By Rick Sansted, Superintendent, Alexandria Public Schools

Ready, set, go…

I am excited. I am nervous. I am filled with anticipation both good and bad. How will my first day go? Will I have any friends in my classes? Will I remember my lunch number? My locker combination? What time does my bus arrive?

All of these questions and emotions are present for students at the start of a typical school year. This year those questions are present along with many others. I want to highlight a couple of areas that have been in action over the summer as we prepared to start our 2020 school year.

Communications: I hope that our communication efforts with our community have helped outline our safe start practices as we look to kick off the 2020 school year. I also want to recognize that this year is different. Different procedures, different protocols, different schedules. Things are different. Thank you to our staff, students and parents for your responses, input and feedback as we have worked through our planning stages together. Your continued attention to building level and district wide communication is needed as we get the school year started.

Newsletter signup for email alerts

Teacher connections: I just saw one of our teachers in the hallway prior to sitting down and typing out this column. His first response was excitement. He has not had a chance to connect with students in person since March. He and his department colleagues have thought about how they were going to help kids grow in a new way given the protocols. How can we get students outside more frequently? How do we adjust our learning activities to support student learning and development? How do we build time for students to reconnect with each other?

The best part is our teachers have been thinking about these opportunities and they are ready to act and lead our students as they return.

And vs. but: In times when stress levels are higher than normal our desire for control seems to go up. This summer I have partnered with our state department of education, local public health officials and our Alexandria Public Schools staff. I have worked hard to not shut down creative problem solving to use the term and instead of the word but. And provides for continued flow of problem solving whereas but often puts others in a defensive posture. Once a shift to defensive posture is made, collaborative problem solving becomes less likely. Our vocabulary matters. Small words can make a big difference. Collaborative, creative problem solving needs to include the language of and rather than but.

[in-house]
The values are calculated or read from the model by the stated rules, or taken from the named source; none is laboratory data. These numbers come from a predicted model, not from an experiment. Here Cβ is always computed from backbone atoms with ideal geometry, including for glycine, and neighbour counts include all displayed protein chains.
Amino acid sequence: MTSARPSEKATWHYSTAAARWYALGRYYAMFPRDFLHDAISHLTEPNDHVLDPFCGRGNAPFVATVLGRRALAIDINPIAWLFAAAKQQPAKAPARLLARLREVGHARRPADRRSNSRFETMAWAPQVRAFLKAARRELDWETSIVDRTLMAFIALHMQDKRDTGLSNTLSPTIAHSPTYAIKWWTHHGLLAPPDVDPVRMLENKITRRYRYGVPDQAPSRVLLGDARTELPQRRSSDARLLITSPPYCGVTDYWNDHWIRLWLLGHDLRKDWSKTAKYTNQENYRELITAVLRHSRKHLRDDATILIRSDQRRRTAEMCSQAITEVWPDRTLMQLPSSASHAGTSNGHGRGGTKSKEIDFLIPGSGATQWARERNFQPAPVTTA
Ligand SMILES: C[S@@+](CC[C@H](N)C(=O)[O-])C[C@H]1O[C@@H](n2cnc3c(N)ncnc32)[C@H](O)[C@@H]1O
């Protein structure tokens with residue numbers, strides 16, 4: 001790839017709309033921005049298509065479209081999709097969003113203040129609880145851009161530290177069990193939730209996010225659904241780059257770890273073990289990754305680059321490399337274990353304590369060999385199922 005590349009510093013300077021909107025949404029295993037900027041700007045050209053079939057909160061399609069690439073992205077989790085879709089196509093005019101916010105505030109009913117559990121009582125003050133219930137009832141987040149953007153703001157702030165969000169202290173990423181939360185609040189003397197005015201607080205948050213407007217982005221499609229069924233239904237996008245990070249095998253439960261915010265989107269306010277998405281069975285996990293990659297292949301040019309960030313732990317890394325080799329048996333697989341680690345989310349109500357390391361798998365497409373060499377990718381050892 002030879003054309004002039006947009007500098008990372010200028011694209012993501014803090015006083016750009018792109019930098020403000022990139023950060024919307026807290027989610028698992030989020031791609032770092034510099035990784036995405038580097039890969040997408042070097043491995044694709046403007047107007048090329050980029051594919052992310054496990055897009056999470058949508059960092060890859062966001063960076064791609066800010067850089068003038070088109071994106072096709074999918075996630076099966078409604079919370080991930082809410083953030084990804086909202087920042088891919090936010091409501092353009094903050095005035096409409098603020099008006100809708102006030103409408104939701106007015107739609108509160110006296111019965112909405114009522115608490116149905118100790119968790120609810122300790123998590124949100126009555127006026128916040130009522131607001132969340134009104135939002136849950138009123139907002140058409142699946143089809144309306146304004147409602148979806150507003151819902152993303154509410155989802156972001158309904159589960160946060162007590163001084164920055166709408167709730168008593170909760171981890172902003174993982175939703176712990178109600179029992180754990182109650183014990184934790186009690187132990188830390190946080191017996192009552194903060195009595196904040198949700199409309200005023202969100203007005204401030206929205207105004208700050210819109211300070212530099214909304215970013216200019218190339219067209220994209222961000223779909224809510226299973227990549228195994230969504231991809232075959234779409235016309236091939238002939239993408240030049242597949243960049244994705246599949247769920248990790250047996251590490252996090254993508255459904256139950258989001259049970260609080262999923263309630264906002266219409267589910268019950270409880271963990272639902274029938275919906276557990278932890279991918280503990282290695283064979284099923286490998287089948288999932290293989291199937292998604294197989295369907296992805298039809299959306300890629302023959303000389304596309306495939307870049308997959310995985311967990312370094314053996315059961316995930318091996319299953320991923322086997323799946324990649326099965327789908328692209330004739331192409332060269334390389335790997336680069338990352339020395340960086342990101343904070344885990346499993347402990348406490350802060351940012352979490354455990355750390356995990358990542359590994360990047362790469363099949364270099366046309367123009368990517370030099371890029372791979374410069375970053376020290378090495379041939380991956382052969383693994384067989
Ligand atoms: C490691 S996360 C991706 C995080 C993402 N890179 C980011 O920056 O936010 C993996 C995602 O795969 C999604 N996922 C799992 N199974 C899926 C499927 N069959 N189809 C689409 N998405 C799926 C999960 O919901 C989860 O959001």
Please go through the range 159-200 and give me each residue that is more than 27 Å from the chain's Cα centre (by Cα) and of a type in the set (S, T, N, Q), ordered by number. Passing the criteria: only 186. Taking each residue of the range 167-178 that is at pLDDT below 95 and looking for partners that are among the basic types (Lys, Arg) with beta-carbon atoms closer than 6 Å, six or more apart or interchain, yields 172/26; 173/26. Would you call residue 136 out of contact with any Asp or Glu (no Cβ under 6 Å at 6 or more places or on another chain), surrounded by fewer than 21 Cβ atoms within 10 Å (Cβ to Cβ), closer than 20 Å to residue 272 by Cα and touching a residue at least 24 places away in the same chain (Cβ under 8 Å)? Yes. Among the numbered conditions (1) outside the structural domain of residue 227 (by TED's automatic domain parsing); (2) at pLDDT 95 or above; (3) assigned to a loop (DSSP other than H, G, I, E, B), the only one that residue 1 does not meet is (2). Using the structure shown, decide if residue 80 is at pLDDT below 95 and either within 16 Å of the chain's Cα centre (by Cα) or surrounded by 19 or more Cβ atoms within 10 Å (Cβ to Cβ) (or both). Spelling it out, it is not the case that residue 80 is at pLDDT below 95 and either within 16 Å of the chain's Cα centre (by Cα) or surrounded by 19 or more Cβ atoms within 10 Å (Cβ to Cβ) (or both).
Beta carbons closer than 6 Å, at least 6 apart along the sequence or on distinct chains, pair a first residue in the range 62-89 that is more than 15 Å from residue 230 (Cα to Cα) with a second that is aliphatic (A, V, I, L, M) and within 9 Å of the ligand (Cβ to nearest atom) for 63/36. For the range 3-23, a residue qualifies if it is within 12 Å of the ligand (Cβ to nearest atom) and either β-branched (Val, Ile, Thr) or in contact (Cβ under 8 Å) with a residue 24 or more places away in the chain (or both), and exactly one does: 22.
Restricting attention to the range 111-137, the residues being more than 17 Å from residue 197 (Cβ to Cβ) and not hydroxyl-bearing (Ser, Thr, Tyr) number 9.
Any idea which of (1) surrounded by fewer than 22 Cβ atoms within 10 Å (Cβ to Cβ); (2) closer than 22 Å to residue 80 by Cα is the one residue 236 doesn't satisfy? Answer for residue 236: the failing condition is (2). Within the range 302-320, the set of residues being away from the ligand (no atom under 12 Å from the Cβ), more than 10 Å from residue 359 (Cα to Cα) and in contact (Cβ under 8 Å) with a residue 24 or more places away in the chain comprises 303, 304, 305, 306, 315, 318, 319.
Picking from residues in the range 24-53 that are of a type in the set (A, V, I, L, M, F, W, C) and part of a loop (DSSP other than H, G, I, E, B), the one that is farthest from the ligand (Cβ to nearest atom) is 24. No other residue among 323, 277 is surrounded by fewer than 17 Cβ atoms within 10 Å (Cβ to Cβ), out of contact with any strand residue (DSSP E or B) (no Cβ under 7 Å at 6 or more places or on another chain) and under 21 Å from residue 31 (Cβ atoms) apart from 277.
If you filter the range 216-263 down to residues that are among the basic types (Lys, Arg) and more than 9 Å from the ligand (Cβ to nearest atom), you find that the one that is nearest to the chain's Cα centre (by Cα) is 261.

Clarity vs. certainty: Having been on numerous Zoom and GoogleMeet calls this summer, I had a chance to listen and dialogue with educators from across the region and state. One take away for me was the desire for certainty. You have heard numerous times since March these are unprecedented times. The level of uncertainty is high. In talking with parents over the summer, many were asking for certainty and in many cases I was not able to provide them the certainty they desired. What I am seeking to provide is clarity. Clarity in process. Clarity in schedules. Clarity for building teacher student relationships. This summer and going forward our school district will look to provide clarity even when we cannot provide certainty.

Safe start: As we start the 2020 school year, we seek to fulfill our district mission of inspiring a life-long passion for learning and our vision of tailoring the learning of each child by working together.

I am excited. I am nervous. I am filled with anticipation of that I am certain. And we are READY to reconnect with our A Team students and families!

Rick Sansted is the superintendent of Alexandria Public Schools. "In the Know" is a rotating column written by community leaders from the Douglas County area.